This is a follow-on to my previous posting on ritual.
I have noticed recently that a number of people are thinking of “covenant renewal worship” as grounded in “Old Testament” (whatever that actually is!) or Levitical ritual typology. Perhaps that is so for some, but not for me, and not for those of us who uncovered or recovered these matters in the 1980s.
Of course, this depends on what is meant by “typology.” If what is meant is the post-Reformation intellectualist notion that types are simply symbolic forms slapped onto reality and designed to teach us things, then no, CRW (“covenant renewal worship”) has nothing to do with this. If what is meant is a Vantillian and arguably pre-modern view that “typology” is a revelation of the meaning of human life as imaging the life of God, then yes, CRW is indeed about that.
The CRW pattern in common use today (Call, Confession-Absolution, Ascension-Word-Offertory, Communion, Commissioning) had its origin in my reading Dix’s *Shape* and noting that the shape of the communion is virtually the same as that of the covenant making rites in the Bible. From there it was a matter of noticing that the conventional Christian worship service with which I grew up, the Lutheran service of Luther Reed, was but an expansion of the steps of Dix’s *Shape.* From there, in discussion with Ray Sutton and Gary North, who were examining Meredith Kline’s covenant structures from a more Vantillian-creationist viewpoint, it became clear that (a) God’s initial formation of the world in Genesis 1 went through the same steps, and hence this was how the Spirit does things, and that (b) human beings inescapably move through five steps of laying hold, dividing and reforming, distributing with words, sampling, and enjoying. My work in the Leviticus Food Laws in the later 1980s forced me to outline Leviticus and consider all of it, and it became apparent that the sequence of the sacrificial offerings followed the same pattern. And sure enough, this order had been observed by previous liturgists. Jeffrey Meyers’s *The Lord’s Service,* (an admirable treatment of all this) shows how thoroughly this sequence had been observed and considered by previous generations of Christians.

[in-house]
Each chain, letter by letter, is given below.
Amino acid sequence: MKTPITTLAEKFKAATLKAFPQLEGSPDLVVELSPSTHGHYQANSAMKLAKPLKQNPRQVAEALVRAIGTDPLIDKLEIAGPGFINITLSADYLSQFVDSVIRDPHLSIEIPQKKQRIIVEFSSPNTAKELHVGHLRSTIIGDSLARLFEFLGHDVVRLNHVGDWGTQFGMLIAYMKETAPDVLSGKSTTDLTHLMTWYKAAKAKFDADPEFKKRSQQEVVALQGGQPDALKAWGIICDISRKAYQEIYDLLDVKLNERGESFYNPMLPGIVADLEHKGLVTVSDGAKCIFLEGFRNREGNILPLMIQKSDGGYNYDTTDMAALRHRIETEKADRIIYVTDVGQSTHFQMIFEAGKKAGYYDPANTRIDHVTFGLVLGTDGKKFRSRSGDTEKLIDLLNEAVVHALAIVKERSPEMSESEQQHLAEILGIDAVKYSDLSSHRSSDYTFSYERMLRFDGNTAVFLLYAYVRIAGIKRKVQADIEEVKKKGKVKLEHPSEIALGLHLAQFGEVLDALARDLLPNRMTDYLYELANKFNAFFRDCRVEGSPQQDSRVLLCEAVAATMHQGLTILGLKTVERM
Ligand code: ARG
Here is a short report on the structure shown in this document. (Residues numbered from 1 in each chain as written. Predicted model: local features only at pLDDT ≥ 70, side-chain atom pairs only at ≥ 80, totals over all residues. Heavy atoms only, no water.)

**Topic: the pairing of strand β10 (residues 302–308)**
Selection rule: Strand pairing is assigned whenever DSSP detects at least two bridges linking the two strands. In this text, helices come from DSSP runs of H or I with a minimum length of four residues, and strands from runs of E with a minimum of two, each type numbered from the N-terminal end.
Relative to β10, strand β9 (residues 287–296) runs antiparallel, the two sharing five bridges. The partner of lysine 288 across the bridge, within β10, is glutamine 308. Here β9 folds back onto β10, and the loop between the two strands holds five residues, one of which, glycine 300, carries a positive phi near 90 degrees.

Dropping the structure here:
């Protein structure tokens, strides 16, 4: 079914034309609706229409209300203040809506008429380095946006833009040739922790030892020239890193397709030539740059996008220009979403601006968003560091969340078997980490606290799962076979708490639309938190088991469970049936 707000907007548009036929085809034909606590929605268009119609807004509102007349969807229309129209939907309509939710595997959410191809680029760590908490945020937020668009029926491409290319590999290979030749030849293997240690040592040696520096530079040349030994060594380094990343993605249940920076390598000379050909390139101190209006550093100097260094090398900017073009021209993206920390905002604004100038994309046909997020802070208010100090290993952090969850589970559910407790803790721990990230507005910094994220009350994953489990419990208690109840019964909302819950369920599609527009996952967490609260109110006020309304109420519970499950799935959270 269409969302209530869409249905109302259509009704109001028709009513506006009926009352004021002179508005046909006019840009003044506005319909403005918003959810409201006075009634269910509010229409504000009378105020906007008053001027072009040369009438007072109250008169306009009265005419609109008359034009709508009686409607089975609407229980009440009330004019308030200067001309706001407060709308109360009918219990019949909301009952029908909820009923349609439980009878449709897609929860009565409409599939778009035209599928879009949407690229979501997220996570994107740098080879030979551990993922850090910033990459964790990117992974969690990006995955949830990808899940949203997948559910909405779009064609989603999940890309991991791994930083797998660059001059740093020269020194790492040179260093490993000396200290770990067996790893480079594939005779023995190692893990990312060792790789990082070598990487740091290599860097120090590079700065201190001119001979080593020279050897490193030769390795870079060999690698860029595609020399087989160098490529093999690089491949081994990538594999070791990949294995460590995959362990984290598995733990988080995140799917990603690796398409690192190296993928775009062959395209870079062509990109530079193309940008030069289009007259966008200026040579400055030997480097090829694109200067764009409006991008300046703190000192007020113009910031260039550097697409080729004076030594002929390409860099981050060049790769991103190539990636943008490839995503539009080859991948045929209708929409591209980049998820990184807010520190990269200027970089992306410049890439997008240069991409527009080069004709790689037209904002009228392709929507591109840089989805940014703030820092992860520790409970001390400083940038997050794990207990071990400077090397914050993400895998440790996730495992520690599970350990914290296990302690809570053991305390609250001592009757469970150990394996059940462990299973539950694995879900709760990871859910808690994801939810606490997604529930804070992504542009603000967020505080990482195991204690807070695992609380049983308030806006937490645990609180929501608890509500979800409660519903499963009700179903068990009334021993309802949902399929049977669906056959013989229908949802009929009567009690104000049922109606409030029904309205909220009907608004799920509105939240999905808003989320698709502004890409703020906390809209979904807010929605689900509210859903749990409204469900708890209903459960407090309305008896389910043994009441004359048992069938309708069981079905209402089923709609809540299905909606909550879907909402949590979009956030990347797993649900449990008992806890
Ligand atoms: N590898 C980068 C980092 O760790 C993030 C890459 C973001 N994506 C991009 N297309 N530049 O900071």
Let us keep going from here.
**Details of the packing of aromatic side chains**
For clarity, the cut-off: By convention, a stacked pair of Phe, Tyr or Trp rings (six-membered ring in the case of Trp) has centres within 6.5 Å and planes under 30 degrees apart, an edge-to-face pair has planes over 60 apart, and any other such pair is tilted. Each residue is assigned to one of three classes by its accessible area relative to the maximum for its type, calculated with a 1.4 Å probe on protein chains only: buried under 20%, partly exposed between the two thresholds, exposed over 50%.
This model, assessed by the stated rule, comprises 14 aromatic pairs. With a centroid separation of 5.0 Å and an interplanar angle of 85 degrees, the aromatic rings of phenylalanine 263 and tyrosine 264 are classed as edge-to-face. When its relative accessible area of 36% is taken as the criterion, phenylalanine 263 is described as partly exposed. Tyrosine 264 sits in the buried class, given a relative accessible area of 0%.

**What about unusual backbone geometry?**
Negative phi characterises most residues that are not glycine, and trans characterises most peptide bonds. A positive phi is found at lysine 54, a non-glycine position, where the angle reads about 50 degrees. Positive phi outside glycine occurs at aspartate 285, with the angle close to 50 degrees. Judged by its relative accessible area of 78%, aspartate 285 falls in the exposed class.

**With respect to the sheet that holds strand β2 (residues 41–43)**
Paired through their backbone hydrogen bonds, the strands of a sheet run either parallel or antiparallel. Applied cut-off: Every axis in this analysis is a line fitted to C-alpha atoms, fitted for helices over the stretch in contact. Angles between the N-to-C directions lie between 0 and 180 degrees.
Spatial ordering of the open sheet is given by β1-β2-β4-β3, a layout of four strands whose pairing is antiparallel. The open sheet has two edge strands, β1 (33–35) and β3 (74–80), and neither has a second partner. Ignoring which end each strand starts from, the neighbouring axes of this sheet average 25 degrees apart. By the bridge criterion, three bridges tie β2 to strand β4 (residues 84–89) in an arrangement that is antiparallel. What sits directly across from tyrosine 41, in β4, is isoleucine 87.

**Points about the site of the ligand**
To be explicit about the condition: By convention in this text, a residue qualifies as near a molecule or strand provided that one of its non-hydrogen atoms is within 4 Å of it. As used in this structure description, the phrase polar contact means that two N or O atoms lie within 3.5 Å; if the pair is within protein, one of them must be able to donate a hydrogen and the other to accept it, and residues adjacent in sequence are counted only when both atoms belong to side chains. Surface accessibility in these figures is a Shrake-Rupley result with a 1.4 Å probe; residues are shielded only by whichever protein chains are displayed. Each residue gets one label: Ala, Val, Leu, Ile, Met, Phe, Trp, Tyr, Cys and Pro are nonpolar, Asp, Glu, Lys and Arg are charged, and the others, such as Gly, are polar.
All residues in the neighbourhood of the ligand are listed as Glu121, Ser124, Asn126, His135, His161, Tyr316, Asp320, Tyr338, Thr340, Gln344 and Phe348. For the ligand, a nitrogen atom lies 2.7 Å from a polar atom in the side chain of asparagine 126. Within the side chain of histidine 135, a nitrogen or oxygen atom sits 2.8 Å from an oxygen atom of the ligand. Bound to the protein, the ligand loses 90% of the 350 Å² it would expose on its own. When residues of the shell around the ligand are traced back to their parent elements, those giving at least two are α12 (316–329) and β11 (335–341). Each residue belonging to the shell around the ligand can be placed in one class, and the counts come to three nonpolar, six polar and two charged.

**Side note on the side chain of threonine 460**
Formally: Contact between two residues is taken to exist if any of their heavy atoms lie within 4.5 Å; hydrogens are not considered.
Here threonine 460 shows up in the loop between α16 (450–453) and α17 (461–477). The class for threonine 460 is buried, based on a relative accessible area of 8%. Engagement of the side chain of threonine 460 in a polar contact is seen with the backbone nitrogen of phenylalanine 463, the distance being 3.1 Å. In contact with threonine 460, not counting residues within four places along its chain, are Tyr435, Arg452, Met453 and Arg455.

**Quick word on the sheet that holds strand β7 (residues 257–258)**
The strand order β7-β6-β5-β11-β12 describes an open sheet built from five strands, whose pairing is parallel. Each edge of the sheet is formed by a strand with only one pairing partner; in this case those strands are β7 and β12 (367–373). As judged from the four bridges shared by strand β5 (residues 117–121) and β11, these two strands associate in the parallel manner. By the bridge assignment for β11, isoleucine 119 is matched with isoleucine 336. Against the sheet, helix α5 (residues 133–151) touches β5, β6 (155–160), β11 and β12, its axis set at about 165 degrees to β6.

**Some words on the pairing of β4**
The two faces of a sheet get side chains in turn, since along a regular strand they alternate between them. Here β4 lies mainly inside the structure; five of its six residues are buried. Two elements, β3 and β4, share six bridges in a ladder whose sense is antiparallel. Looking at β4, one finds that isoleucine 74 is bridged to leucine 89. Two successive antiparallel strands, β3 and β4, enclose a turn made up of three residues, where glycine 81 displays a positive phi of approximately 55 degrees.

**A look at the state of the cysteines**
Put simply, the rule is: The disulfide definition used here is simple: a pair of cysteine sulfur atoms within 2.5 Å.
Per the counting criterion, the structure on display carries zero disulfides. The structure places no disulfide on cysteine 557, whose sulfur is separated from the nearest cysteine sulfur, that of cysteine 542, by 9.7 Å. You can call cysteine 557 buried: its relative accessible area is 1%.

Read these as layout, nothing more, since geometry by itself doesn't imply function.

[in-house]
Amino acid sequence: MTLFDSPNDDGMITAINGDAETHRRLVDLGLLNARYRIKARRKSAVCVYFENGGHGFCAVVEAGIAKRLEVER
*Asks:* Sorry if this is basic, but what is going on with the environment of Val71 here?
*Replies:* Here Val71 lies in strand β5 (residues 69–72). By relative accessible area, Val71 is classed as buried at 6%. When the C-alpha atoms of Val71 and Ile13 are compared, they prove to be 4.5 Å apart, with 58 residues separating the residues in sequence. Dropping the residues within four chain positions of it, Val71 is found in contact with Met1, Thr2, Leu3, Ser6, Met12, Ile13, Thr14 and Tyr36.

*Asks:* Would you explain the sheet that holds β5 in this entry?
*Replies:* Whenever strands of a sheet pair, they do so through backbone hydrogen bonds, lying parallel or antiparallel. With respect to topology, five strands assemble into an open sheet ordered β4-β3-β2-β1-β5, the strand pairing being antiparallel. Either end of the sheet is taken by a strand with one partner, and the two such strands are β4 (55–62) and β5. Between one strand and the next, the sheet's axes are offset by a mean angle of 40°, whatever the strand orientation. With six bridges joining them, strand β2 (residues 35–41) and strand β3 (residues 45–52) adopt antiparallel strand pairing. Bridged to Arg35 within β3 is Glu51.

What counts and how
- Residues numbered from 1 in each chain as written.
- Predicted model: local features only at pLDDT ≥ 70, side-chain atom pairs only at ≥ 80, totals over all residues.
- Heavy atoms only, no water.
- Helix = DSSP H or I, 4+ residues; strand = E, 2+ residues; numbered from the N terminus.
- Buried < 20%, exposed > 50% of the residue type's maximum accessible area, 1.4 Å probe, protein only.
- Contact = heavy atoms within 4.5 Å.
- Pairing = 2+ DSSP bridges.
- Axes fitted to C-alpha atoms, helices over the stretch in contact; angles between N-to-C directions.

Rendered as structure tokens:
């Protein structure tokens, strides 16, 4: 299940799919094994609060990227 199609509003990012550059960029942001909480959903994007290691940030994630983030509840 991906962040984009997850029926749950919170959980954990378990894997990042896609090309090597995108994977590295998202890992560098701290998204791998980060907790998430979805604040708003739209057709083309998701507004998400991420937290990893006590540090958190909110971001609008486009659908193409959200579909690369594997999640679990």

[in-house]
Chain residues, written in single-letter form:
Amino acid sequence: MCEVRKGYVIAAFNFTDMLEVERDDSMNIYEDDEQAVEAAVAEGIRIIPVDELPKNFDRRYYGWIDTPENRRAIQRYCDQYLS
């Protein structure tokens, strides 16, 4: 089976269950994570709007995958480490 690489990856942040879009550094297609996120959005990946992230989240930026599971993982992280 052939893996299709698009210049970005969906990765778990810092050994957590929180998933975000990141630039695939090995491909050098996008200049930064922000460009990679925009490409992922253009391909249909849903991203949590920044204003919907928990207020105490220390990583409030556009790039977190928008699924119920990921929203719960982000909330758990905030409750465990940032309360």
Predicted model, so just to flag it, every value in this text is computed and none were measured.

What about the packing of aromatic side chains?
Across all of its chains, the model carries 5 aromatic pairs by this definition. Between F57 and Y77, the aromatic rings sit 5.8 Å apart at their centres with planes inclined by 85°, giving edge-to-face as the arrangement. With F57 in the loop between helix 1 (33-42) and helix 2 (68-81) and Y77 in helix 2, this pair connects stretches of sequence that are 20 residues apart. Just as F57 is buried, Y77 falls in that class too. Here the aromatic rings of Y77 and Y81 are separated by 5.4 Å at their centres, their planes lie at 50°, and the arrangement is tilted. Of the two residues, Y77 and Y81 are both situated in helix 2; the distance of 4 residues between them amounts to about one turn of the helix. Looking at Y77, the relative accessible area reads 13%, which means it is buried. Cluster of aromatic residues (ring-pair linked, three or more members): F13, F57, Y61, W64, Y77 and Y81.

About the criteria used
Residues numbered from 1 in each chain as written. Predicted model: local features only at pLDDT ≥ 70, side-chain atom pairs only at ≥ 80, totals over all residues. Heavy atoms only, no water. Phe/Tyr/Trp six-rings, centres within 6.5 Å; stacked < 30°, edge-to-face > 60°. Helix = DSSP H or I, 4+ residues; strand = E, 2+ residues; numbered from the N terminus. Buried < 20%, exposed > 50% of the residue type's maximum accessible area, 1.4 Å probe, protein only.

Now, what is important here is not so much that the discovery of the Levitical sequence came after other things, but that our interest in CRW was not grounded in an intellectual apprehension of some typological pattern that we decided we should copy. Yes, one can indeed start with Leviticus, and then notice all the Levitical language in the so-called “New Testament” and from that conclude that we ought to follow this pattern. But that is not where CRW came from.
Rather, we were concerned, pastorally, with adjusting our sinful and warped ways of life to the proper Imago Dei ways of God’s life. “God’s Rite for Life,” as I called it in essays and lectures, is how we need to live and move and have our being. Salvation readjusts us to the right way of walking. The Bible shows us this right way, over and over, and context after context. Indeed, this way is inescapable. The difference between the wicked and the righteous is whether or not we give thanks as we take hold of the world.
All of this, we saw, is grounded in the life of God: The Father sends the Spirit to the Son, who sends the Spirit back to the Father. This five-fold shape is the shape of time and of human life and hence of liturgy. To try to do things otherwise is anti-human.
Worship follows the same pattern. And so of course, that pattern is found in the Levitical sequences. But we who advocated CRW did so not out of a desire simply to follow “typology” as evangelicals ordinarily conceive of it, but rather as a way of adjusting to reality, adjusting to the life of God.
Now, since human beings walk through these steps all the time, why call one kind of worship “Covenant Renewal”? The answer is that we need a way to distinguish special worship from ordinary worship, and that way is when the Lord’s Supper is done, in particular the second rite thereof. Jesus said that the cup/wine/blood is the Covenant. Covenants are made by blood. Eve was ripped from Adam’s side to make covenant, just as blood flowed from Jesus’ side to make His bride. Blood (should) appear on the wedding night, to make covenant. Blood appears when children are born. In Exodus 21, blood appears on the doorpost when a man is adopted as a house-born servant. In the Bible, the display of bread is a Memorial (as in Lev. 2, the rite of jealousy, in Malachi, etc.) and the display of blood is both Memorial and Covenant renewal. Hence, CRW is worship that not only follows the sequence of Reality but also has the Lord’s Supper in both its rites.